//"+=" is for appending to the string

str += j+48;

}

//c_str member function is used to get c style string out of the

//class for functions that need it. no worrying about zero-terminating it either

cout << str.c_str();


You''re already using "cout" to make console I/O easier. Why not use "string" to make strings easier?

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I will admit (though I don''t have to like it), that the C++ string class is the easiest and most efficent way to do what you want.

In my defense, the code I posted does work, and will allow you to construct strings of variable size (the ''\0'' character is equivalent to the zero value).

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#include <fstream.h>
#include <stdio.h>
#include <stdlib.h>
#include <string.h>
#include <string>

void main()
{
std::string str2;

char *str=NULL;
char ch;
int j;

for (j=0;j<128;j++)
{
ch=j+48;
str=((char *) realloc(str,j+1));
str[j]=ch;
}
str=((char *) realloc(str,j+1));
str[j]='\0';

cout<<str<<"\n";

cout<<"\n\n";
while (*str)
cout<<*str++;

cout<<"\n\n";

for (j=0;j<128;j++)
str2+=j+48;

cout<<str2.c_str();

}


How do I go about reading individual characters with the second method?

Ben

Edited by - KalvinB on July 20, 2000 5:48:38 PM

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You access individual elements just like you would a character array:

    
std::string str;
int j;

for (j=0;j<10;j++)
str += j+48;

str += "789";

//this will output "3"

cout << str[3];



Note, that you can not access or write to elements of the array beyond the length of the current string. Doing +, +=, =, etc. add to the string length but doing str[4] = ''a'' does not. You can change elements of the string up to the length of the string - 1. The minus 1 is because the length() function also counts the 0 at the end of the string.

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strings are never defined for me when i try to use them...
I #include and but still, it wont work. gives me a symbol not defined msg.
~V''lion

I came, I saw, I got programmers block.
~V''lion

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Vlion:


The standard string class (defined in ''string'', ''string.h'' is the C string functions) lives in the std namespace. You can write ''std::string'' when you want a string, or add ''using std::string'' at the top of the file and just use ''string'' without the std:: when you need it.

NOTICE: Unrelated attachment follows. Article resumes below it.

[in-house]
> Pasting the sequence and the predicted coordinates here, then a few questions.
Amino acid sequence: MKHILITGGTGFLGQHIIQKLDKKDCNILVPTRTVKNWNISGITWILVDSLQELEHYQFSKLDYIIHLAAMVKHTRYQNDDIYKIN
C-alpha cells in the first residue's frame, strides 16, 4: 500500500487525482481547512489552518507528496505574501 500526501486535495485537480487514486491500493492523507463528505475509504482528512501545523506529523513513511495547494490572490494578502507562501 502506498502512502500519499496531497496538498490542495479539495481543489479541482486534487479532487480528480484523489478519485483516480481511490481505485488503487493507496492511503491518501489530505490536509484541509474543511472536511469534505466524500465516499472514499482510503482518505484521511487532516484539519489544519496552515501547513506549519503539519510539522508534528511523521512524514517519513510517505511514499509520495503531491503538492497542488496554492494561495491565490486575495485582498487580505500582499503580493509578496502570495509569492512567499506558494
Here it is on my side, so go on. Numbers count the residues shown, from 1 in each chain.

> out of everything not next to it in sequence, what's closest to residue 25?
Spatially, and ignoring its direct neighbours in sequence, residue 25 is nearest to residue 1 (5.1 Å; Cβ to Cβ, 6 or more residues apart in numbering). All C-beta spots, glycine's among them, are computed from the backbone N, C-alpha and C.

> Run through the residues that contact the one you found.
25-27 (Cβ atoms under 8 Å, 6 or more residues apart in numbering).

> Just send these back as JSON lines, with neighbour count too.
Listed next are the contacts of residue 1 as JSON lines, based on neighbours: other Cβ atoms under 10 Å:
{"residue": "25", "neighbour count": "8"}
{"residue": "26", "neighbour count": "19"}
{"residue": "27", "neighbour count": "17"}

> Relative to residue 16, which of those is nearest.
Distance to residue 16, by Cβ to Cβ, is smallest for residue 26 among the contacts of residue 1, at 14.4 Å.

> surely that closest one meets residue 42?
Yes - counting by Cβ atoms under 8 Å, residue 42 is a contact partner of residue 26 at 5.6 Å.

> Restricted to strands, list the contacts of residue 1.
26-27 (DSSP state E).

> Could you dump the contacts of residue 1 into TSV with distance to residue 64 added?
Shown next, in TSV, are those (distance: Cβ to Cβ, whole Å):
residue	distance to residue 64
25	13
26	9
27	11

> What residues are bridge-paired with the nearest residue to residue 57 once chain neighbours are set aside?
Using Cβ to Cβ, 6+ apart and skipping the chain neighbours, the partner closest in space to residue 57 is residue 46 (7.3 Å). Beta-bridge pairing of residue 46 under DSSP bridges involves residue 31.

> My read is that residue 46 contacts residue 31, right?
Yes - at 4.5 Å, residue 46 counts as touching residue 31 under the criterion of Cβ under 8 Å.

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It seems to me that a CString will solve all your problems. It is variable length, and you can use "normal" operators on it. If you are using MSCV++ just look up CString in the help and under one of the related links it tells you what file to include.

    
CString myStr;
myStr += "Hello";
myStr += '' ''; // I am not quite sure this will work... I think it will

myStr += "World";

After that code, myStr would hold "Hello World", and you never had to do anything related to telling it how much memory you need

--------------------


You are not a real programmer until you end all your sentences with semicolons;

Yanroy@usa.com

Visit the ROAD Programming Website for more programming help.

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I tried the CString but afx.h is giving me linking errors.

std::string for some reason is failing to get the message across in DirectPlay.

    
(CLIENT)

struct GAMEMSG_GENERIC
{
DWORD dwType;
std::string message;
};

GAMEMSG_GENERIC msgWave;

msgWave.message.erase();
msgWave.message += "hello you server you.";
msgWave.dwType = 1;
g_pDP->Send( g_LocalPlayerDPID, 1, 0, &msgWave, sizeof msgWave) );

(SERVER)
HRESULT HandleAppMessages( HWND hDlg, GAMEMSG_GENERIC* pMsg, DWORD dwMsgSize,
DPID idFrom, DPID idTo )
{
LogFile<<"Type:"<<pMsg->dwType<<" Size:"<<dwMsgSize<<" From:"<<idFrom<<" To:"<<idTo<<"\n";

LogFile<<pMsg->message.c_str()<<"\n";


The server''s log file correctly shows the type, size, from and to but the message is empty.

I''m assumming I have to convert the message to a char * and send that accross and then convert back to read it.

DirectPlay has no problem getting char* sent.

Ben